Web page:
It’s interesting to read proto-Scandinavian murder mysteries. It’s also interesting to read the novels that inspired famous BBC representations of those novels.
This is an early crime novel in the sense of crime novels being about the violence, and the world around that violence, and the world that created that violence.
There’s an introduction to this novel written by Henning Mankell, who is as famous as could be in the world of Nordic crimes novels, and he talks about this being a novel about details, about social politics, and about entering into a new world.
And I suppose it is. The victim in this novel had a kind of modern sensibility about sex. It was not something she engaged in from a damaged or crazed perspective, she was not ashamed or depraved. She liked to have sex with men, but her mistake is that your desire to live in a world better than the world you live in doesn’t actually make your world better than it is. And it comes with a cost.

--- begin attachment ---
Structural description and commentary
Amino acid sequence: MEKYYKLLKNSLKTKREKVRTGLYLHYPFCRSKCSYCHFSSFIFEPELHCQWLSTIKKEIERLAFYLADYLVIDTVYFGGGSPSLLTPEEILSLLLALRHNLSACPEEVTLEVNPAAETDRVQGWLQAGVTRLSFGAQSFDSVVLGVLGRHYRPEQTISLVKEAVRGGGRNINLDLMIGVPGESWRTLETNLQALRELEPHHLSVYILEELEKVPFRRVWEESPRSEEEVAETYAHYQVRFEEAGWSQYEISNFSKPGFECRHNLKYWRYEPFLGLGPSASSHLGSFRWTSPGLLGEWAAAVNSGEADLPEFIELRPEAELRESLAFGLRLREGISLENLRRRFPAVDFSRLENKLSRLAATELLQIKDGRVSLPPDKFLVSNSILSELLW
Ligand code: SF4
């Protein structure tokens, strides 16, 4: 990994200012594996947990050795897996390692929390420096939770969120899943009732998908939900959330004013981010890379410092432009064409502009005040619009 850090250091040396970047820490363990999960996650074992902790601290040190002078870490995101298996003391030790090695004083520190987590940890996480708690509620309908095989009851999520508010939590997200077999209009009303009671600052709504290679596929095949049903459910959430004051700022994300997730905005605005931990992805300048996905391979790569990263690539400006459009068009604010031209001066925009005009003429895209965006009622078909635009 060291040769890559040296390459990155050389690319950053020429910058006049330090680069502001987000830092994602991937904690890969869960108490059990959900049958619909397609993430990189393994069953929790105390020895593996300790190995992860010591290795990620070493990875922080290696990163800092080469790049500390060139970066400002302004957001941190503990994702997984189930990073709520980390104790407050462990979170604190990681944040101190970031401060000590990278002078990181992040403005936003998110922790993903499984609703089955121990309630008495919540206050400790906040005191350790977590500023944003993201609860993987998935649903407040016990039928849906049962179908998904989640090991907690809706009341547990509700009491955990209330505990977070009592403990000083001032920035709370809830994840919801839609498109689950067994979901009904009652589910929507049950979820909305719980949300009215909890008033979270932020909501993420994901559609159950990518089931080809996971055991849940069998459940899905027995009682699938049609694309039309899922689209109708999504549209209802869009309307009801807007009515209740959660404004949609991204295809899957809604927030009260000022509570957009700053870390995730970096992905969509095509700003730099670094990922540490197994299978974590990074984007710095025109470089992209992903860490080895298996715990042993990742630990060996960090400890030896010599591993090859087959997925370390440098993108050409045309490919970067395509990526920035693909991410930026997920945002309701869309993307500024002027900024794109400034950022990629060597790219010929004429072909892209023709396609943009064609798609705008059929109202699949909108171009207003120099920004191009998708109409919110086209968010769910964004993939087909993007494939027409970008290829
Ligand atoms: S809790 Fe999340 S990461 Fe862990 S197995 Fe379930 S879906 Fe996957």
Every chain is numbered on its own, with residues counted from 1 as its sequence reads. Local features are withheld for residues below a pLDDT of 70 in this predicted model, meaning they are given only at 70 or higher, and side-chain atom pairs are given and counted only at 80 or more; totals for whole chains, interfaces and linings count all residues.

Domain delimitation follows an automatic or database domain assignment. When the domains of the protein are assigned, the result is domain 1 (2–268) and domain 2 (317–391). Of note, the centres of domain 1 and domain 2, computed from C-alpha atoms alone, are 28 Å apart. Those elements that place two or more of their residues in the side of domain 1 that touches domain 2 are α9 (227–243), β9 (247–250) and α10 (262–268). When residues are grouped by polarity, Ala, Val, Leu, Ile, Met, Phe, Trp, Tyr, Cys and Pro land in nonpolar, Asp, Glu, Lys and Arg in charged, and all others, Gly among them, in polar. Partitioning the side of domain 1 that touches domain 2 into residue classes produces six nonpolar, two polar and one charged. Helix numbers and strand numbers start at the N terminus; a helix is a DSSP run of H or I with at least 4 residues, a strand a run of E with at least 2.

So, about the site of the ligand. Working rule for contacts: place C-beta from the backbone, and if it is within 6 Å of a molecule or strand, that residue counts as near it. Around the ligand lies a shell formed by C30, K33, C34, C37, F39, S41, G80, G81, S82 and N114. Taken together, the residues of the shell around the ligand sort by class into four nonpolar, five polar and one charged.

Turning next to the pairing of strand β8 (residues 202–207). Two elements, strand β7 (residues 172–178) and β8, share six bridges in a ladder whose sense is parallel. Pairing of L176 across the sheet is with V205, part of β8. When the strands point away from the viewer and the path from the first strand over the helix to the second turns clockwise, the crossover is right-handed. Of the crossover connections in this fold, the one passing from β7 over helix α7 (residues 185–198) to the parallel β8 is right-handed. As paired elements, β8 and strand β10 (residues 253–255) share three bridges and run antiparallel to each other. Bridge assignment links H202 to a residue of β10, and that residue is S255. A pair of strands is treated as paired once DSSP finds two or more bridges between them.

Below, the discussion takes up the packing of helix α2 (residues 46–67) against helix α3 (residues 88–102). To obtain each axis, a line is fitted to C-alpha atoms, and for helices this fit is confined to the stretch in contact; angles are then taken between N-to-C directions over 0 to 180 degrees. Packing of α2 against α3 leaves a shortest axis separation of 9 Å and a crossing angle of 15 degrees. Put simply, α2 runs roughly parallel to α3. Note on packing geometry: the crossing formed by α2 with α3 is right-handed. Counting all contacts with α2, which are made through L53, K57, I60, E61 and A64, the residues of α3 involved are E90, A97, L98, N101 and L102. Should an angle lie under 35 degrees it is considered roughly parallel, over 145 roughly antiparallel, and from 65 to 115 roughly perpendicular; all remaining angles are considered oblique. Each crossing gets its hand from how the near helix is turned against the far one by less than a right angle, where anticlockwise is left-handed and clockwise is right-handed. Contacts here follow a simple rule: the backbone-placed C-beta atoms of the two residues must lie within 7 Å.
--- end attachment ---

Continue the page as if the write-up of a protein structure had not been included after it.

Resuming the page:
The narration of this novel is very stark, clipped, laconic, and to the point. It’s not bad at all, but it comes across as quite dry. “He say at home and thought about his sunset” and then he did. That’s a paraphrase, but more or less represents the kind of novel we’re dealing with here.
Last night I watched the 2003 movie Memories of Murder and this novel made me think about how not very good they were at solving crimes. There’s a scene in that movie where they have to wait for weeks and weeks for the results from a DNA test to come through and this novel is similar. There’s no quick fixes, no sudden epiphanies, just evidence collecting, and results.